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Re: st: Dyadic fixed effects and areg, absorb

From   emanuele mazzini <[email protected]>
To   [email protected]
Subject   Re: st: Dyadic fixed effects and areg, absorb
Date   Fri, 15 Apr 2011 17:06:55 +0200

Well, I have to say I am a student willing to get a degree (i.e I am
doing such a research for my final thesis). I asked that because I
know that some authors use that and insert in their regressions both
dyadic and year fixed effects. Obviously it is a kind of robustness
check, so I do not necessarily expect my main variables to be
statistically significant but if they do, I can say that result are
definitely robust, aren't they?
Since you suggested a more parsimonious model, what would it be? What
kind of fixed effects would you insert in such a regression?

Thank you very much,

2011/4/15 Nick Cox <[email protected]>:
> It starts sounding like a statistical equivalent of a rather empty
> model. If I say, interactions between countries over time depend on
> precisely which countries and precisely when, the reaction to those
> words is, Well, yes. If you say, and here are thousands of parameters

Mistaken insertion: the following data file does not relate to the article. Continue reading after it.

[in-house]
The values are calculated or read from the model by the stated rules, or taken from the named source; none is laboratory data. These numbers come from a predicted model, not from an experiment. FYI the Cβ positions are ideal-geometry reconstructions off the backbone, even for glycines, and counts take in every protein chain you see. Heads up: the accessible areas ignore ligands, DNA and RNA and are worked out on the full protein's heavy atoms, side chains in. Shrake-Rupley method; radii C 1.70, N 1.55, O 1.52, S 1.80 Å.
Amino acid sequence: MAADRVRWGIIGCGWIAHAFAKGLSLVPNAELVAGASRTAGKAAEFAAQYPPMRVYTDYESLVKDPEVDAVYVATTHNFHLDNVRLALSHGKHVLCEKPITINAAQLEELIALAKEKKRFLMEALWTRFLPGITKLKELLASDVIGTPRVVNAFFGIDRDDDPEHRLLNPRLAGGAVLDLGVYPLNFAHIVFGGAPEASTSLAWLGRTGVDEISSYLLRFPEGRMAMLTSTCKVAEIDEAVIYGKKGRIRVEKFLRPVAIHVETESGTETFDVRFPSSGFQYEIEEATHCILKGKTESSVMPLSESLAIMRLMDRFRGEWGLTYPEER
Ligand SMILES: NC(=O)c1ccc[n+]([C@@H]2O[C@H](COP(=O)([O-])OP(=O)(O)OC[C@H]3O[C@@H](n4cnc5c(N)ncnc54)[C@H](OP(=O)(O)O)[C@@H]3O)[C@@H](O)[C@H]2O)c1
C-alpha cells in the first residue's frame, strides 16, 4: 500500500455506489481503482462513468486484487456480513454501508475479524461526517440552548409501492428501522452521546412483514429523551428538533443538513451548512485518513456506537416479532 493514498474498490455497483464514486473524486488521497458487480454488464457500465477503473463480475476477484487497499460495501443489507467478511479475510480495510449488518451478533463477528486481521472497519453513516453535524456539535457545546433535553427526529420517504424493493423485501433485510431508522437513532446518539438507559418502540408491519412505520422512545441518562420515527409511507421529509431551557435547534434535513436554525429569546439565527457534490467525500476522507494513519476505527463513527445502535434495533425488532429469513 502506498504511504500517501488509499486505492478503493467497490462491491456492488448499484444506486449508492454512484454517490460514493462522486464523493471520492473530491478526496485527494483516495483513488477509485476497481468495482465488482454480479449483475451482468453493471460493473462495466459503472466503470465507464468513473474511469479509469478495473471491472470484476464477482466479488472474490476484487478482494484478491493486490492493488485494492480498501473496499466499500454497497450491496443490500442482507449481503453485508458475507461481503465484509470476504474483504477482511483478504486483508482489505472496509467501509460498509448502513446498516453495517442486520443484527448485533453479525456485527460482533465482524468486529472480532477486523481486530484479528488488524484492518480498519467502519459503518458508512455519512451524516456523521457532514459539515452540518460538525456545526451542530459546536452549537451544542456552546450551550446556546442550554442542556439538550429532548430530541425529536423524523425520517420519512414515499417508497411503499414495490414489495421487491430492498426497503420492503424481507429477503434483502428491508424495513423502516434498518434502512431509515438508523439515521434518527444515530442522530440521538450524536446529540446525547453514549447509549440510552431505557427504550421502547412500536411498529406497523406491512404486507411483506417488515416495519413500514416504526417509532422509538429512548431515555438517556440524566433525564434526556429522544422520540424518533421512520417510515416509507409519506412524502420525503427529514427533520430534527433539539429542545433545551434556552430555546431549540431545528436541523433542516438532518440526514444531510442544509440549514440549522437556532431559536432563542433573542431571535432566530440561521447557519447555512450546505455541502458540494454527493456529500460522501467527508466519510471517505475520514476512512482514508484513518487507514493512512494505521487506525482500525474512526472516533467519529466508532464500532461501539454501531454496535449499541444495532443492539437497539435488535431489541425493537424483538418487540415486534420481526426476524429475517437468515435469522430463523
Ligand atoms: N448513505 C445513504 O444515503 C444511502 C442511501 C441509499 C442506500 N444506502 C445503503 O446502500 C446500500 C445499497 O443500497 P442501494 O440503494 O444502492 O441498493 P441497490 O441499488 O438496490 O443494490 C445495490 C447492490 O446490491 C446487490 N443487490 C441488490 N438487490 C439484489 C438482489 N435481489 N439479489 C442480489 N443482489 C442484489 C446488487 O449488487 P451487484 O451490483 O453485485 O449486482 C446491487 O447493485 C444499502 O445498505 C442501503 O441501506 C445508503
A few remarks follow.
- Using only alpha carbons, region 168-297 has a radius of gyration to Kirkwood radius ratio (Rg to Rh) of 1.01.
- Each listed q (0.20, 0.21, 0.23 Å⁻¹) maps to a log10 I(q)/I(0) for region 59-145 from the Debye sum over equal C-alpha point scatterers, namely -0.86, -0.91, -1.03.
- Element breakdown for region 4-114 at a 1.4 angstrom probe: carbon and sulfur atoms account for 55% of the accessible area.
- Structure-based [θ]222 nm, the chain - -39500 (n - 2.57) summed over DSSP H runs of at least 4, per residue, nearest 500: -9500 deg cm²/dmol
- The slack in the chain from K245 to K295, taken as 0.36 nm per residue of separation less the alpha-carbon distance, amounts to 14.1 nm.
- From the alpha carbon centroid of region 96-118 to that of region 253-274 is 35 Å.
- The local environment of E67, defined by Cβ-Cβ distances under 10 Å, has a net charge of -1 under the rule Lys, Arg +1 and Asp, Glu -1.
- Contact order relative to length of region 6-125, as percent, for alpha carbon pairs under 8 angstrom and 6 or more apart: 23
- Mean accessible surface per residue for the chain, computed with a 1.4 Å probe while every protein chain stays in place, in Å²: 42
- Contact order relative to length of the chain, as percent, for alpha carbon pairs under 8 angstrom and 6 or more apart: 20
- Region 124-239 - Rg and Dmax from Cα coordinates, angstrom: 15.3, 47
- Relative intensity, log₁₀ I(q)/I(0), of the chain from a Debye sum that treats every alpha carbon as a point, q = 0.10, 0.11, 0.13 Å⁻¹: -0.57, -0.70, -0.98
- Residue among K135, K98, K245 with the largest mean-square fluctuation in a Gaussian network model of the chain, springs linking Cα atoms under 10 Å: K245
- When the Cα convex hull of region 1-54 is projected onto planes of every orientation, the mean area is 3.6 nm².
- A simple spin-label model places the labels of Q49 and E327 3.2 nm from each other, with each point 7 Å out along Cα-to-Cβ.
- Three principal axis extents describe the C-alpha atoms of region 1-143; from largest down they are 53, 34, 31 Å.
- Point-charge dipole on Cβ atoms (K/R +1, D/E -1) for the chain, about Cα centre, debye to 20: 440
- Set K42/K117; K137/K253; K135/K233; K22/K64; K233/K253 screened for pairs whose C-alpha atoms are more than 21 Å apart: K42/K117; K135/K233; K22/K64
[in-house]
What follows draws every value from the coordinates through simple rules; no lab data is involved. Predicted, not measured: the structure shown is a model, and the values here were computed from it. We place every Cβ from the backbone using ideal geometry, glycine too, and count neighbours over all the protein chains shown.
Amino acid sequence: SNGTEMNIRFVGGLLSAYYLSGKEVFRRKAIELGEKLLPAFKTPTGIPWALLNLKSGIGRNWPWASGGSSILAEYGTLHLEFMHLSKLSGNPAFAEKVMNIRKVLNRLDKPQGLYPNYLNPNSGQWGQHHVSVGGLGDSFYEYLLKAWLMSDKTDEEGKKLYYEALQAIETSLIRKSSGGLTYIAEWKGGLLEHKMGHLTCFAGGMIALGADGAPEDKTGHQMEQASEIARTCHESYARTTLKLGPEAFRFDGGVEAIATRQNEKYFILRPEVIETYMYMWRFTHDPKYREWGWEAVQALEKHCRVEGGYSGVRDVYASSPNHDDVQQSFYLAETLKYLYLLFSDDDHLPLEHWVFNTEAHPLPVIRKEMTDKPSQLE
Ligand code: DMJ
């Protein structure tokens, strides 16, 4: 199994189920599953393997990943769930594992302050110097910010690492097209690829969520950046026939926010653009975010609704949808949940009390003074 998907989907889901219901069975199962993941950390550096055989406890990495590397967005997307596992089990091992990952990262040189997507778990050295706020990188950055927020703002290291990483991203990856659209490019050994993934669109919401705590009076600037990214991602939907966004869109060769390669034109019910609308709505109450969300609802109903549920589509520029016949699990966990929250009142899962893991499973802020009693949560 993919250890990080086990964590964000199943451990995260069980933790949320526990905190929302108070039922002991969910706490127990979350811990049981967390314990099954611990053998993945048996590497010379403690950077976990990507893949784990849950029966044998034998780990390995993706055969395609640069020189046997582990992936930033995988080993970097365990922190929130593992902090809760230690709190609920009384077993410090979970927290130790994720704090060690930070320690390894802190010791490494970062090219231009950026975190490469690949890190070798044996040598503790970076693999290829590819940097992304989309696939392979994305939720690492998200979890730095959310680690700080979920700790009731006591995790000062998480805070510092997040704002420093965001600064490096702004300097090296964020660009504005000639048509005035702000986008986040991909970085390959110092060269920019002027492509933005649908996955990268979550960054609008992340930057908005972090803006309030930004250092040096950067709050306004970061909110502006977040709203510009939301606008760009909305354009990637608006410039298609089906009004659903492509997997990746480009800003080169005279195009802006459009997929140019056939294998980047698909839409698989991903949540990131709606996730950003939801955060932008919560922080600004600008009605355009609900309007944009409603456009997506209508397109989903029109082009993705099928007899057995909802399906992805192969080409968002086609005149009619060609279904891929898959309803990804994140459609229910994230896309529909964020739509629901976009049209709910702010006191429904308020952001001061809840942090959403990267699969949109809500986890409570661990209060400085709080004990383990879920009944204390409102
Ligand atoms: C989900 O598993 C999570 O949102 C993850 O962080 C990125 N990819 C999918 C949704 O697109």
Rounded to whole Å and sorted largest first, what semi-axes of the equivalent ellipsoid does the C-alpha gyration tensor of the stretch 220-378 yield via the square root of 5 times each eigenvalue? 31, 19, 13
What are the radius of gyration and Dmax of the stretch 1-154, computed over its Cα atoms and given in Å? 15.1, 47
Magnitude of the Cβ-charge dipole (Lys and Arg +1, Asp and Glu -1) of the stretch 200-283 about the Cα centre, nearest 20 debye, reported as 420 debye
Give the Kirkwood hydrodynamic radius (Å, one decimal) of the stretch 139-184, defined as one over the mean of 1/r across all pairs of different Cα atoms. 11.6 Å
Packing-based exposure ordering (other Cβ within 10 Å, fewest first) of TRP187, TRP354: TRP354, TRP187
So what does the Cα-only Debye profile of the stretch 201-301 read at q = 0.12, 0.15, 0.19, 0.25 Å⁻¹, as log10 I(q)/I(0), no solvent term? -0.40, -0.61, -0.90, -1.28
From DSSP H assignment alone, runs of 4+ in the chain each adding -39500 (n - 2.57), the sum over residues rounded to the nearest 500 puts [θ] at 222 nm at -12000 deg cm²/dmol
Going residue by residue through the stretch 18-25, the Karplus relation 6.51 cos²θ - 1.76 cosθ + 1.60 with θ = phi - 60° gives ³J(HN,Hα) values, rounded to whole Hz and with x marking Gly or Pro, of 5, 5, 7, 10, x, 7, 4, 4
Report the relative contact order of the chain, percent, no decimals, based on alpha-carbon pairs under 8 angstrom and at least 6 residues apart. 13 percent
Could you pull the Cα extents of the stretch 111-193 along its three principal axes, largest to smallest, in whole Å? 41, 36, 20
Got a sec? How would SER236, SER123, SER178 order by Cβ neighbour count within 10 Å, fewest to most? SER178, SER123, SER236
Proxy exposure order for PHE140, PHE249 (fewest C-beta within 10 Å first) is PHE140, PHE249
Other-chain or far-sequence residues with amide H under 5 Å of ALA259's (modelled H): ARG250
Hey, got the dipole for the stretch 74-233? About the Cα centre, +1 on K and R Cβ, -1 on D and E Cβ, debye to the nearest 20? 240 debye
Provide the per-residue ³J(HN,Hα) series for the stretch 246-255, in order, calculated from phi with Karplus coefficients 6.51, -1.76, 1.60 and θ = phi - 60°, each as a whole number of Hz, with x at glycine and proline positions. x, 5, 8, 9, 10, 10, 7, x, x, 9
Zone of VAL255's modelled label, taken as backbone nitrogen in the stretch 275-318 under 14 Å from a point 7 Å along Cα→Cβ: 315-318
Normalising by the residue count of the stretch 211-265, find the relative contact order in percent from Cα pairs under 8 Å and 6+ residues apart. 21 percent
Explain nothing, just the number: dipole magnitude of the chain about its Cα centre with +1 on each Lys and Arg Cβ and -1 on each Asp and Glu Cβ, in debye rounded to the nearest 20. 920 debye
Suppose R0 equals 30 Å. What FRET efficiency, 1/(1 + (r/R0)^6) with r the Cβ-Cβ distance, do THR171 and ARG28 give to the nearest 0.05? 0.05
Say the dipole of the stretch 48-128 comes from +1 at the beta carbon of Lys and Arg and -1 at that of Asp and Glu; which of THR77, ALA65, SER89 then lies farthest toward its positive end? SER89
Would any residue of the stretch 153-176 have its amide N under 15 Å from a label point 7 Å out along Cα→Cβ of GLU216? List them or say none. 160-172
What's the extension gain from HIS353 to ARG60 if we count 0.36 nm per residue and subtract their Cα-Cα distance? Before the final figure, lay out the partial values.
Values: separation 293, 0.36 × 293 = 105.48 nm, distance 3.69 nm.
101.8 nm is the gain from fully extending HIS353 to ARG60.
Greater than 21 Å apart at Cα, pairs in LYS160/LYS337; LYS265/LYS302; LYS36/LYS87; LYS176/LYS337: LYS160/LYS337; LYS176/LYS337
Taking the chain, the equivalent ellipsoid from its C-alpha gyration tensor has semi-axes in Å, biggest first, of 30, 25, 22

> to summarize that, how is that scientifically or practically
> interesting or useful?
> I don't know what your overall objective is. Are you a student and you
> want to pass an examination or to get  a degree? Are you a researcher
> and you want a publishable paper? Either way, as you ask for
> reactions, mine is that I would expect anyone in your friend to be
> more interested in a much more parsimonious model.
> On Fri, Apr 15, 2011 at 3:31 PM, emanuele mazzini
> <[email protected]> wrote:
>> Dear all Stata users,
>> I am trying to work out a regression with an unbalanced bilateral
>> panel dataset in which I need to include both dyadic fixed effects and
>> year fixed effects. Since my dataset is very huge (it includes more
>> than 600,000 observations) and I cannot generate a dummy for the
>> variable dyads (which is the unique dyads identifier), I thought that
>> I can accomplish this by using the following command:
>> areg...., absorb(dyads)
>> by including only the dummies that refer to the years to take into
>> account the year fixed effects, while absorb(dyads) is supposed to
>> take into account the dyadic fixed effects.
>> I am not looking really for an help, but more for an advice: what do
>> you think about this solution to my problem (i.e. to the impossibility
>> to generate more than 15,000 dummies)? Do you think this may work?
>> Thanks to all of you in advance for your time and consideration,
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